What’s important when choosing where to apply to grad school?

Grad School Admissions


Picking a grad school can be a very daunting experience. You need to consider not only your academic aspirations, but also your employment prospects, return on investment, job market, and personal preferences. Add to that other aspects such as geography, relocation, school size, and academic environment, and you've quickly got a huge pile of considerations you need to keep in mind as you narrow down your list. 

I've found that it's always good to have a road map when starting out with these kinds of decisions, and a undertaking self-analysis is always a good way to begin. 

With that in mind, here is a brief questionnaire that is meant to get you thinking about all the different aspects you should consider as you make your school decisions.

Answer the questions posed here thinking about your ideal grad school scenario. The answers will help you determine what you value and what you should look for when selecting a school.

Geography

  1. Are there any geographic areas in which you would not want to live?
  2. Are there any geographic areas in which you would definitely want to live?
  3. Would you rather be in a big city or a small town? Urban, suburban, or rural location?
  4. What’s your ideal weather scenario?
  5. Can you deal with sweltering summers, or freezing winters? Do you like snow?
  6. Where do you want to work post-graduation (it’s okay if you don’t yet know)?
  7. Do you need to be close to family, or to a specific town or state?

School size and academic environment

  1. Do you prefer a smaller, cozier school, or a large, bustling institution?
  2. Do you want to know well and be close to most/all of your classmates, or be in an environment where you’re always meeting someone new?
  3. Do you thrive in a competitive environment? Would you rather be someplace that’s laid back?
  4. Is being able to live on-campus important to you?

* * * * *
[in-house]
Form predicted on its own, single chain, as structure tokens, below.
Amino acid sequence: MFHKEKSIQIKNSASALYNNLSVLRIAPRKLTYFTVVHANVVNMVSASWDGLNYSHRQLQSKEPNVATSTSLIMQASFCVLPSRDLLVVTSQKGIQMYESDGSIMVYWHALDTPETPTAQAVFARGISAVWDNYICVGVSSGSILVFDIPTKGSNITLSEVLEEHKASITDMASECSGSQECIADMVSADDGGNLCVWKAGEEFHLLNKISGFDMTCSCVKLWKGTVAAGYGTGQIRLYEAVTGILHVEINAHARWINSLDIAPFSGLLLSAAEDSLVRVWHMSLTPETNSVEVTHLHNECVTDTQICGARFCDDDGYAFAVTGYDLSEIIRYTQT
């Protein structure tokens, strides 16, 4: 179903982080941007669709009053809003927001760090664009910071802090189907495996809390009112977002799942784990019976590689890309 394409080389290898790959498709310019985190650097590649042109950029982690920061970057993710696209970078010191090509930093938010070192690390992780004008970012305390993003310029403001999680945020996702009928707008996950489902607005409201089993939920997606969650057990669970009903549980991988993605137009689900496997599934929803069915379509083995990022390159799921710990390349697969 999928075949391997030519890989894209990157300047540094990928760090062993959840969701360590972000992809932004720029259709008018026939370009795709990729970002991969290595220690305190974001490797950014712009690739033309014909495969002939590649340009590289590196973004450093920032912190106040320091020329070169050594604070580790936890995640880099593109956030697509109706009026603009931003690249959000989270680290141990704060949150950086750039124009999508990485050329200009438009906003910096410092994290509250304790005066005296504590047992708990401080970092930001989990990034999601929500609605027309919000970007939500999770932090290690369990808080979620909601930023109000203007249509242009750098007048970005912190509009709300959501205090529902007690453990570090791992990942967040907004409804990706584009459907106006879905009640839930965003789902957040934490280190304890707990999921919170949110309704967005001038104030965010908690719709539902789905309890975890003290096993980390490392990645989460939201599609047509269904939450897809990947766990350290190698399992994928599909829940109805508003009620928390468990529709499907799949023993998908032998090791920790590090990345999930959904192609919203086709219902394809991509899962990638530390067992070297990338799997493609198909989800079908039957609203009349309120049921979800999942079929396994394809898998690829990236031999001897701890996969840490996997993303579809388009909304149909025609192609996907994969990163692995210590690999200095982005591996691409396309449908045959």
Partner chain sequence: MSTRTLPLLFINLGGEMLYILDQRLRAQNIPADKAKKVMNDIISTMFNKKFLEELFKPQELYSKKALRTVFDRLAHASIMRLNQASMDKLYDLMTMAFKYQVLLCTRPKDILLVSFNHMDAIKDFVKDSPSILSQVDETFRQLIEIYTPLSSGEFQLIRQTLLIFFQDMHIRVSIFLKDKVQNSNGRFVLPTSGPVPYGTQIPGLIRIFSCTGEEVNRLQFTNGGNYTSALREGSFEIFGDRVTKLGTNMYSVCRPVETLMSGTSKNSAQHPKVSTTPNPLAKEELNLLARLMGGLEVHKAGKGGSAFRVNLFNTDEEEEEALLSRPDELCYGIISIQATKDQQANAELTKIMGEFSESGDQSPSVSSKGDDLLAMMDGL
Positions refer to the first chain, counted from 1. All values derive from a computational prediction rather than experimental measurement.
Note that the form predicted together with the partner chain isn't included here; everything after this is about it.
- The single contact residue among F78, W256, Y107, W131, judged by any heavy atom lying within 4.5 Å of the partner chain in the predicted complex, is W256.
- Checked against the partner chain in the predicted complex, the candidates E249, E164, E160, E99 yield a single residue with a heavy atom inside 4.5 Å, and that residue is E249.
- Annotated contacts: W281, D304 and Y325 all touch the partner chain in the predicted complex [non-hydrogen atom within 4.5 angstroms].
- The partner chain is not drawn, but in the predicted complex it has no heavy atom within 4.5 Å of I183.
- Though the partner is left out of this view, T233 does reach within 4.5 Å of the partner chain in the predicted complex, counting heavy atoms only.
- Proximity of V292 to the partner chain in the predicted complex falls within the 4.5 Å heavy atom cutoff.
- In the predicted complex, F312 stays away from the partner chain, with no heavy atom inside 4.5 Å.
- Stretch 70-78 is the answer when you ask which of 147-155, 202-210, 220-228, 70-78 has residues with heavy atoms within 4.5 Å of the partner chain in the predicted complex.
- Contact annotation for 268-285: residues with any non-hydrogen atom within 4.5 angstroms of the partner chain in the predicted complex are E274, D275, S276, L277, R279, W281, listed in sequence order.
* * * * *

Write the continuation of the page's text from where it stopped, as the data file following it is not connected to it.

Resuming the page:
5. Would you like to have easy access to your instructors and professors, or is this not necessarily important to you?

Available programs and specializations

  1. Do you have specific research requirements or desires?
  2. Do you want to work closely with experts in your field?  

Career aspirations and personal goals 

  1. What kind of work do you want to do post-graduation?
  2. What do you want to get out of your grad school education?
  3. What is your ideal job? 

Work opportunities

  1. Do you expect your school to help you with the job hunt?
  2. What kinds of resources (if any) would you like your school to make available for you when you’re searching for employment?
  3. Will you look for internships or externships during the year?
  4. Do you want to be able to teach classes or lead seminars during your time school?
  5. Do you want your school to be able to help students obtain jobs in a specific geographic area? Nation-wide? Internationally?

Of course, there are other things to consider, such as cost, financial aid, and program availability. Don't forget about the other items mentioned in the questionnaire above, though--remember that it's not just about making sure a school has a particular program; it's also about making sure you'll be happy there. Think of the characteristics that would make you happy in an academic institution, and make sure the schools you pick have most or all of them.

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